I remember the words of the native Hopi, Dine and Apache elders from the Southwest who warned us of this time 20 years ago. Few in the dominant society listened to them. One grandmother from San Ildefonso told me, “We are living on borrowed time.” We have become overly cerebral and schizophrenic as a species. Need has been co-opted by systemic greed as EF Schumacher used to remind us.

After being transformed by his epic trip to Africa, Carl Jung came to New Mexico in 1925. It was there that the elder Mountain Lake admonished Jung that the white people thought with their head. Jung surprised, wondered what they should think with. The heart, the elder answered. It is the same kind of response an elephant researcher told us when she said that saving the Earth will come through poetry and not just science and the intellect. It will come through an emotional response to what needs saving.

An environmental court will have its many layers of complications and complexities that make up legal challenges today. But it cannot fail in humanity’s commitment to life. We do not need more satellite systems in space despite what Elon Musk tells us. That is economics, technology, the old system. Humanity, as Carl Jung would have warned us, must be able to die to one’s ego while letting slavery, apartheid, colonialism and ecocide die as well. It is the biggest challenge our species will ever face. A court for the environment is only a step but it could function as a much-needed brake towards a behavior that threatens life on a global scale. What we have to do is save the oceans, the bees, the forests, indeed what is left of the human soul. 

A small continent with prehistoric wonders is going up in flames. An elder in Kakadu, northern Australia, born under a rock escarpment, told us we needed to listen to the trees and the stars, they are talking to us. What would he say today knowing that a continent with the second oldest culture on Earth was ablaze because its leaders did not hold itself accountable to anything but shareholders? That a new coal plant was being planned in Queensland not so far from the Barrier Reef? Australia, whose bird life, koalas and plants mystify us, is in the throes of a global calamity.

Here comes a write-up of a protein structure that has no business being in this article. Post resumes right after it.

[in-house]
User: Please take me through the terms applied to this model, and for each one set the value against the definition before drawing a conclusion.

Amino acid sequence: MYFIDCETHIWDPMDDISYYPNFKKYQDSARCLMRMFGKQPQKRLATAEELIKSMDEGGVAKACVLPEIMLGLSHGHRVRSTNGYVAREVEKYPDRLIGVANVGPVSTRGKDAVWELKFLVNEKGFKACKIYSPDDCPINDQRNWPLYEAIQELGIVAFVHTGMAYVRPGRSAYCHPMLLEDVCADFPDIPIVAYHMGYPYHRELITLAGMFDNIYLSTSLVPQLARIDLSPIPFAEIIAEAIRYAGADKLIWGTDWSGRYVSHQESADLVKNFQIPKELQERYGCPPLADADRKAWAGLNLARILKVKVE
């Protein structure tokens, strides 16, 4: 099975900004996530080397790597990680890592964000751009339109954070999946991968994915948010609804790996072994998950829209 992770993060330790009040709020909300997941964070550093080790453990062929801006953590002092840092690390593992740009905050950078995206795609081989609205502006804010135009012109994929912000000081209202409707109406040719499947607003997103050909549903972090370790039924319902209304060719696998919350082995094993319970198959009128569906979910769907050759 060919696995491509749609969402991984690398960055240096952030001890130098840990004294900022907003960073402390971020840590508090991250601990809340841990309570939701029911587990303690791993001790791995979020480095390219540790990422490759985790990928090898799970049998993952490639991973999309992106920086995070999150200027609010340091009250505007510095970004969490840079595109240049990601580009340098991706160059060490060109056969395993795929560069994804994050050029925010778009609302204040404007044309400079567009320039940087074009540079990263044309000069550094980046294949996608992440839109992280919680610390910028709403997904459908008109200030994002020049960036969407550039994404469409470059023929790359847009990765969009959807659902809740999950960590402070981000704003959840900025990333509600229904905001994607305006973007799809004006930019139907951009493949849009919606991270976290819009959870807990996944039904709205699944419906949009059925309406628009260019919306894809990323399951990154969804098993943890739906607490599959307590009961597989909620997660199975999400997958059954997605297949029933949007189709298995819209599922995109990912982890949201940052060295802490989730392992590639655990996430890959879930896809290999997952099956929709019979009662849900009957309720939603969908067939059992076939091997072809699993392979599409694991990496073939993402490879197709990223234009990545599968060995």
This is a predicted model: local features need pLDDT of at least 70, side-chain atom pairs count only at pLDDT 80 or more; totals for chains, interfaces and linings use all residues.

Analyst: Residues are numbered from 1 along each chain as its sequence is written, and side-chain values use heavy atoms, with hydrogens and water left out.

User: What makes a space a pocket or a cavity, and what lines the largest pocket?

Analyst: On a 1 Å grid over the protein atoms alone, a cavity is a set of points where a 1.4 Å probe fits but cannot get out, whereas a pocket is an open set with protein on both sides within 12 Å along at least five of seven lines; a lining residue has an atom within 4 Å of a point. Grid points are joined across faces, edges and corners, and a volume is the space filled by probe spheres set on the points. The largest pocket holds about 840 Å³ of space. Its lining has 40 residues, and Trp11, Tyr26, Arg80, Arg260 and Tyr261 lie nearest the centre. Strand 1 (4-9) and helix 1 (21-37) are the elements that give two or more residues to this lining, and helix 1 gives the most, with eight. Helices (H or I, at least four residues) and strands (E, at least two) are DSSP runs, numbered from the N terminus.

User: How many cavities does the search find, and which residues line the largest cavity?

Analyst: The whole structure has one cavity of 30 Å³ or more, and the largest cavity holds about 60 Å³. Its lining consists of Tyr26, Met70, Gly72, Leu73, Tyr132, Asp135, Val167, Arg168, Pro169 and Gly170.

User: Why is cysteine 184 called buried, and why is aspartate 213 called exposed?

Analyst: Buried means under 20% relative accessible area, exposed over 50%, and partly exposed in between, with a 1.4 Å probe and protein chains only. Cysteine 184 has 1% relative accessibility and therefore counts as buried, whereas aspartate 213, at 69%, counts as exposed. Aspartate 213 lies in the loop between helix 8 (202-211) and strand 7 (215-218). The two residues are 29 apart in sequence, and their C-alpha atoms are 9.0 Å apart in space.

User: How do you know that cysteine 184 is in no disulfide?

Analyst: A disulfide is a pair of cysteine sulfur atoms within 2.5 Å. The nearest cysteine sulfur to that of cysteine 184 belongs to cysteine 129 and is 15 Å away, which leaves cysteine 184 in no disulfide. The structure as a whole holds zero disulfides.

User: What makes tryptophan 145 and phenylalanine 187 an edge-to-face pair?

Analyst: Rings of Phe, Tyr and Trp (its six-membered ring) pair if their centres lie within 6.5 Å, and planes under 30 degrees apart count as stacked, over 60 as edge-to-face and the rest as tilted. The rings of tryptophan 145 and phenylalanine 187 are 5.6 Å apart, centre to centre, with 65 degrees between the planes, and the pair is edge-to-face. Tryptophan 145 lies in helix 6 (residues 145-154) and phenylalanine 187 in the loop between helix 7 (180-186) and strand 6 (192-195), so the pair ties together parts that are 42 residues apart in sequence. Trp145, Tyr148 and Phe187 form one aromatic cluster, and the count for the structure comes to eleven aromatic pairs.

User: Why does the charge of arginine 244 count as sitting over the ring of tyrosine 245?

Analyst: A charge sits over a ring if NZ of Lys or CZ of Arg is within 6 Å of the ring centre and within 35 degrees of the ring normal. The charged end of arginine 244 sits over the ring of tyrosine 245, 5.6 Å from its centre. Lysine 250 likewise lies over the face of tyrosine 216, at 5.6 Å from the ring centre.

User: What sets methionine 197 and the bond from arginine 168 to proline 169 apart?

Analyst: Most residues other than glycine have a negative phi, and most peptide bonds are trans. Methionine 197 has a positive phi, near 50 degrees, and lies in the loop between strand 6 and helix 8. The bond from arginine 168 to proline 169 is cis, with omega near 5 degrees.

When I was in high school, I knew I needed to see the birthplace of humanity in East Africa. Four months in what many city dwellers would call the middle of nowhere were more meaningful and engaging than anything I ever learned amidst the glass towers, computers and steel palladiums of man. It was a harsh paradise but a garden of unimaginable splendor and challenge. When Charles Lindbergh landed in East Africa almost a century ago, he arrived in a plane that had traversed the world and opened up the trajectory of the jet age. Lindbergh, in his autobiography wrote that “many Maasai thought that ‘civilization’ is not progress.” They feel sorry for the white man because he has lost contact with nature. They question our basic values. “You speak of freedom in your country,” a Maasai elder told me, “but we have known freedom far greater than yours.” Bureaucrats, business elite of the world, well intentioned diplomats take heed. We are running out of time. The children of today and children of tomorrow are asking what has mankind done to this unique gem in the universe? This decade is the last in which we can even begin to hope to stabilize what is left of the world. SOURCE

Trudeau’s Pipeline Project Loses Support, Raising Political Risk

Image result for question period tmx pipeline

Pipeline will complicate any discussion on a coalition, informal or otherwise, with the NDP

(Bloomberg) — Canadian Prime Minister Justin Trudeau is losing support for a plan to expand the Trans Mountain oil pipeline, raising the stakes for his government as the project navigates continued legal challenges.

About 37% of Canadians oppose the government-owned project, up from 31% in June, according to a poll published Tuesday by the Angus Reid Institute. Backing for the pipeline is at 55%, down from 58%, the survey showed.

Canada’s C$4.5 billion ($3.4 billion) purchase of Trans Mountain in 2018 has been a political quagmire for Trudeau, costing him support among his environmentalist base while winning him little favor with voters in conservative, oil-rich Alberta. The poll suggests that even if Trudeau overcomes legal hurdles, the project will remain a dilemma for his government, with opposition escalating largely in strongholds for his Liberal party.

The expansion would almost triple to 890,000 barrels a day the shipping capacity on the line, which travels from Edmonton to a port terminal near Vancouver. Canada’s oil industry considers the project key to developing new markets for its crude in Asia and reducing its dependence on U.S. refiners. Environmentalists say the expansion would allow for increased oil-sands output, contributing to the threat of catastrophic climate change and preventing Canada from meeting its greenhouse gas reduction commitments.